1982 – Repertoire

The 1982 Repertoire:

You Are My Sunshine
Oh Happy Day
Blue Rondo a la Turk
You Are the Sunshine of My Life
We Are the Reason

from the 1983 DCI Championships program

SPIRIT OF ATLANTA

SPIRIT OF ATLANTA TURNS ON IN FINALS

Freddy Martin patted the ground before settling down next to his son on a practice field behind Montreal’s McGill Stadium.

It was just minutes after his Spirit of Atlanta had given what corps director Martin considered its best performance of 1982, and while still harried from the chaos swirling about him, he was greatly relieved.

“The magic you see out there comes from months and months of preperation by staff people who understand how to get those kids to peak at that exact moment psychologically,” Martin sighed in exhaustion.

“That’s basically what happened today,” he continued. “We wanted the prelims to be the best performance this season, and it was. It’s the best performance we’ve done since Birmingham in 1980, and we want the finals performance to glisten just a little bit more – to be just a little bit sharper, and so that’s what we’ll work on tomorrow morning.”

It is the director’s prerogative to begin fretting about the next performance as soon as his corps has left the field. But, with the increasing sophistication of corps drills in the past decade, Spirit Director Martin feels they have to maintain a competitive edge to stay one step ahead of the game.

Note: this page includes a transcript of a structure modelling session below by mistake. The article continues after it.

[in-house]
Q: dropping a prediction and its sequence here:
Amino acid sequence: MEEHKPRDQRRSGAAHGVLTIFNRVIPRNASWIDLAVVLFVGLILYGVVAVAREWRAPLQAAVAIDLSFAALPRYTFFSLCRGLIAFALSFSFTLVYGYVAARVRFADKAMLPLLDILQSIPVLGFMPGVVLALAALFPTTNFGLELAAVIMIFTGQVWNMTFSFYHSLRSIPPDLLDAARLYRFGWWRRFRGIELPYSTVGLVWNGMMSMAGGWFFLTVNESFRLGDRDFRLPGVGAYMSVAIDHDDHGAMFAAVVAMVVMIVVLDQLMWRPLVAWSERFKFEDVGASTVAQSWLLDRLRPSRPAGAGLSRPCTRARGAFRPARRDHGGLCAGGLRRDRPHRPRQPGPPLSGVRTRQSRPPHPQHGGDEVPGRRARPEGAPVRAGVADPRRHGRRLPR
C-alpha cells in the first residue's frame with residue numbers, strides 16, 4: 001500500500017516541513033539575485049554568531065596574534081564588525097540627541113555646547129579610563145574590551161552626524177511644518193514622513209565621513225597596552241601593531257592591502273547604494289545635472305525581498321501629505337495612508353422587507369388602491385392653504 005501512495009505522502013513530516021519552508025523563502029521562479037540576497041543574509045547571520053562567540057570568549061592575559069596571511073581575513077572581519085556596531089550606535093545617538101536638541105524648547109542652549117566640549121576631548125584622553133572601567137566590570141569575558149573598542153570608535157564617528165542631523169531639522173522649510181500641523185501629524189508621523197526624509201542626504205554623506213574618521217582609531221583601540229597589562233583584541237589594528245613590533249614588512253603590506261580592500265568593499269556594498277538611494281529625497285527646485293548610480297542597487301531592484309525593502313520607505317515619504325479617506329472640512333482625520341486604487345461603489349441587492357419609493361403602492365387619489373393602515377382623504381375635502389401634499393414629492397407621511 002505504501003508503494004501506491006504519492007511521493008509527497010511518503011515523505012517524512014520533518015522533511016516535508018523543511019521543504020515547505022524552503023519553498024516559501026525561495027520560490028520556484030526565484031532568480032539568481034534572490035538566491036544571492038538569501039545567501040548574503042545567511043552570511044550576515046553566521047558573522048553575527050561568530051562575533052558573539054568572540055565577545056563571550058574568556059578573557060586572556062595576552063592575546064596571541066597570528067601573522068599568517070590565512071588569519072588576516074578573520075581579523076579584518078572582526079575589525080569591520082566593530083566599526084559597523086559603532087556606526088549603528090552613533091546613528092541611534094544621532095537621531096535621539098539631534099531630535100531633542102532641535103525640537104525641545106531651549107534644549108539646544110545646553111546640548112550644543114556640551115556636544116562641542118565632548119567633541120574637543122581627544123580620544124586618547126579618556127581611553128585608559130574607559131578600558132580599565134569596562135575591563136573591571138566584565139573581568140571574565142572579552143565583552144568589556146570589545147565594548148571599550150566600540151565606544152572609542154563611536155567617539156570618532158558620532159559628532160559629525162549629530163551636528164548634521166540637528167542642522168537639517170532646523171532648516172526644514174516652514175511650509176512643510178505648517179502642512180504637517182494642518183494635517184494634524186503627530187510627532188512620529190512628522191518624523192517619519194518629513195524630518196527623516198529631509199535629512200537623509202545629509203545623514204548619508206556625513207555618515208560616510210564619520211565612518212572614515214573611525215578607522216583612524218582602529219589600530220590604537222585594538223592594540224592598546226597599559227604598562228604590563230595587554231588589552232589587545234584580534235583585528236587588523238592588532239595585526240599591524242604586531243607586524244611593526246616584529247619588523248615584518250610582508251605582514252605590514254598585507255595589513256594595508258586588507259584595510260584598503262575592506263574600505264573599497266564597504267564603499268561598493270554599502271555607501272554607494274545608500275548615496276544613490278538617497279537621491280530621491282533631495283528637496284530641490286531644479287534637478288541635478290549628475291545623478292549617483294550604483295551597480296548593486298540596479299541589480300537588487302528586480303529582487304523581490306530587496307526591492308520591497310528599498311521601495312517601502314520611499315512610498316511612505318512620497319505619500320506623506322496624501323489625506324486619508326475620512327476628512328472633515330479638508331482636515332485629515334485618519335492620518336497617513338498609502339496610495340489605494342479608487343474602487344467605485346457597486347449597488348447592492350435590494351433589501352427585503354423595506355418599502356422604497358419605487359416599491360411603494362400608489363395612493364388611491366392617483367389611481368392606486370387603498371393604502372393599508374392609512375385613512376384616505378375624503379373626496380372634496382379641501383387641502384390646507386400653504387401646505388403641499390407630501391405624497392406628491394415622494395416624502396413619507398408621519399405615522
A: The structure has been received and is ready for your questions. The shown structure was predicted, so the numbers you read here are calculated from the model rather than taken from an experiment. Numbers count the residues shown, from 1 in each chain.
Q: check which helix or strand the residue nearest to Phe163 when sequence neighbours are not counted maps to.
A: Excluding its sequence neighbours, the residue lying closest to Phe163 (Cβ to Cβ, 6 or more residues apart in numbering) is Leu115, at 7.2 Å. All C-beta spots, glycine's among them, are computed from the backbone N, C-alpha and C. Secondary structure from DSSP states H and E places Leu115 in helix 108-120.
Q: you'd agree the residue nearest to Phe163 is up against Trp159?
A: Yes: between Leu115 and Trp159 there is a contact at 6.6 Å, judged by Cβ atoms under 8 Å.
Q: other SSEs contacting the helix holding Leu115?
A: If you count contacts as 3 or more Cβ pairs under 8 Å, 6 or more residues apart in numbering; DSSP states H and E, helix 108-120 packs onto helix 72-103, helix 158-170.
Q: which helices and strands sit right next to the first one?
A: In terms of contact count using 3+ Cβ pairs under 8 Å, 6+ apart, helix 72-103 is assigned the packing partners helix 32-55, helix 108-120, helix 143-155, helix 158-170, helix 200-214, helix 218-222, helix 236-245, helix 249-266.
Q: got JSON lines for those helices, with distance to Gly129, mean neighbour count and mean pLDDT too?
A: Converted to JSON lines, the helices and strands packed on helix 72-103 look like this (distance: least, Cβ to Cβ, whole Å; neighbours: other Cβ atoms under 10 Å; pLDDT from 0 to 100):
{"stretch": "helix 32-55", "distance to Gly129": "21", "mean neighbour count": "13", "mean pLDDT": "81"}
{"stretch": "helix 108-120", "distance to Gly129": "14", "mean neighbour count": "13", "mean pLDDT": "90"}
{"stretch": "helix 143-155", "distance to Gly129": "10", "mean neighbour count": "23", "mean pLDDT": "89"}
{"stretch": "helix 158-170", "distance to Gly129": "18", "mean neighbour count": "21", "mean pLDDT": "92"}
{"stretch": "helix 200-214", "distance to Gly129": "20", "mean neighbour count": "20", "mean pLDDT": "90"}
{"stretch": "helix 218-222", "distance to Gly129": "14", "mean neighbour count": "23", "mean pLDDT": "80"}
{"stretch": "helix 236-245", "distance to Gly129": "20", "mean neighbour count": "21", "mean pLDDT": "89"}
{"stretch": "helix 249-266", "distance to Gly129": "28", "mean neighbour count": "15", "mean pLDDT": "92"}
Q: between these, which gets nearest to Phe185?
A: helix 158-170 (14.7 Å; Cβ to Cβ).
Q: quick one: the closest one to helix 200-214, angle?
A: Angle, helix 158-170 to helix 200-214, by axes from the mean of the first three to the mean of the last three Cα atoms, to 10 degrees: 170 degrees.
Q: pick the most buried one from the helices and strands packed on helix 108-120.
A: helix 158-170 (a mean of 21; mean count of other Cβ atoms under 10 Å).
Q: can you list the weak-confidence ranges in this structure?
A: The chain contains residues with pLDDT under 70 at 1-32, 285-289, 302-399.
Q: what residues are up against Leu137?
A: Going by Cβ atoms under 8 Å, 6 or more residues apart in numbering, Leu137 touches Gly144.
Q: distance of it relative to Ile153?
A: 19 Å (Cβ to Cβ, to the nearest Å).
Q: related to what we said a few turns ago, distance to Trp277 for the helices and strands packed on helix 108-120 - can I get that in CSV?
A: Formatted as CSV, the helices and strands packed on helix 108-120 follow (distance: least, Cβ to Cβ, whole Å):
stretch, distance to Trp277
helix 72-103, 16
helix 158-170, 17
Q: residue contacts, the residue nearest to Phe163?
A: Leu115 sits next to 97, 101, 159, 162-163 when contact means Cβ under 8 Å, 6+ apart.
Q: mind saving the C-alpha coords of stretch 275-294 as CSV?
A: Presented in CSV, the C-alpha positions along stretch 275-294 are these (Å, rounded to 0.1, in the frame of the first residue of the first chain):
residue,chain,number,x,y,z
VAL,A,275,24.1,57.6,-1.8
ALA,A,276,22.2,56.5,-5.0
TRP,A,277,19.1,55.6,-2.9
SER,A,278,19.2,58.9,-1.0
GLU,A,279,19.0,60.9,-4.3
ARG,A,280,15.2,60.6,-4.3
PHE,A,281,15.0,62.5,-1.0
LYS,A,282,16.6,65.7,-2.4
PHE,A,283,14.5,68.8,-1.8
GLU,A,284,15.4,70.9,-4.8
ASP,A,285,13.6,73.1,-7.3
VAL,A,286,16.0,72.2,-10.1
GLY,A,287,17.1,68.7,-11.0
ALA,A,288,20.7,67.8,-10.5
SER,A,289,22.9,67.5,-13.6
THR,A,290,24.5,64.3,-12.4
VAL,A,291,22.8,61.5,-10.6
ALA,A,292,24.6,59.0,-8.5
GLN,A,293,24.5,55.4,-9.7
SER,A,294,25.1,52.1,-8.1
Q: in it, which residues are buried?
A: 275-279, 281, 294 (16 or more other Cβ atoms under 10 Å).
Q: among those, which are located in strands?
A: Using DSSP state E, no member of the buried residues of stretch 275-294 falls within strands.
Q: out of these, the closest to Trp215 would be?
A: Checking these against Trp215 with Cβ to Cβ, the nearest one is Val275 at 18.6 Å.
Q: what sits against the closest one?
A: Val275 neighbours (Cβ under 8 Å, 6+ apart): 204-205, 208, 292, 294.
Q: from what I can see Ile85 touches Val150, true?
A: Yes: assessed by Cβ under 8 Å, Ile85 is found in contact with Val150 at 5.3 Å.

Yet, a decade ago drum corps directors had only to concern themselves with such problems as discipline and punctuality.

These days, however, they are forced by the rigors of competition to address such subtleties as “the psychology of performance,” as Martin termed it.

“Performance is a trained art, and it comes from having total confidence and knowing exactly what you have to do at the moment you have to do it,” Martin remarked.

Still, corps consist of young men and women, not seasoned Broadway veterans. Martin, knowing their limits, asks only that his willing young troops work within them.

“The difference between a pro and an amateur is that a pro will perform every night, and an amateur will perform sometimes,” he observed. “We’re still an amateur activity, because none of the corps will give magnificent performances every night like a Broadway star has to.”

“On the other hand, it’s a very professional activity, because of the level of performance we consistently achieve,” the Spirit director said.

Reflecting Martin’s personal standards, the Spirit has improved steadily since its inception in 1977, to become one of the top competing corps. In fact, from a respectable first-year finish of 23rd in ’77, they leapt to a high of fourth in the 1979 and 1980 DCI finals held in Birmingham, Alabama.

A true southern gentleman, whose corps reflects his personality, Martin likes to think of the Spirit of Atlanta as amabassadors of the new, progressive south.

“The personality of our corps is the ‘contemporary south,'” he explained in a soft southeast coast drawl. “Atlanta is a very contemporary southern city. The abstract A – the geometric design on the front of our uniforms – is to demonstrate that.”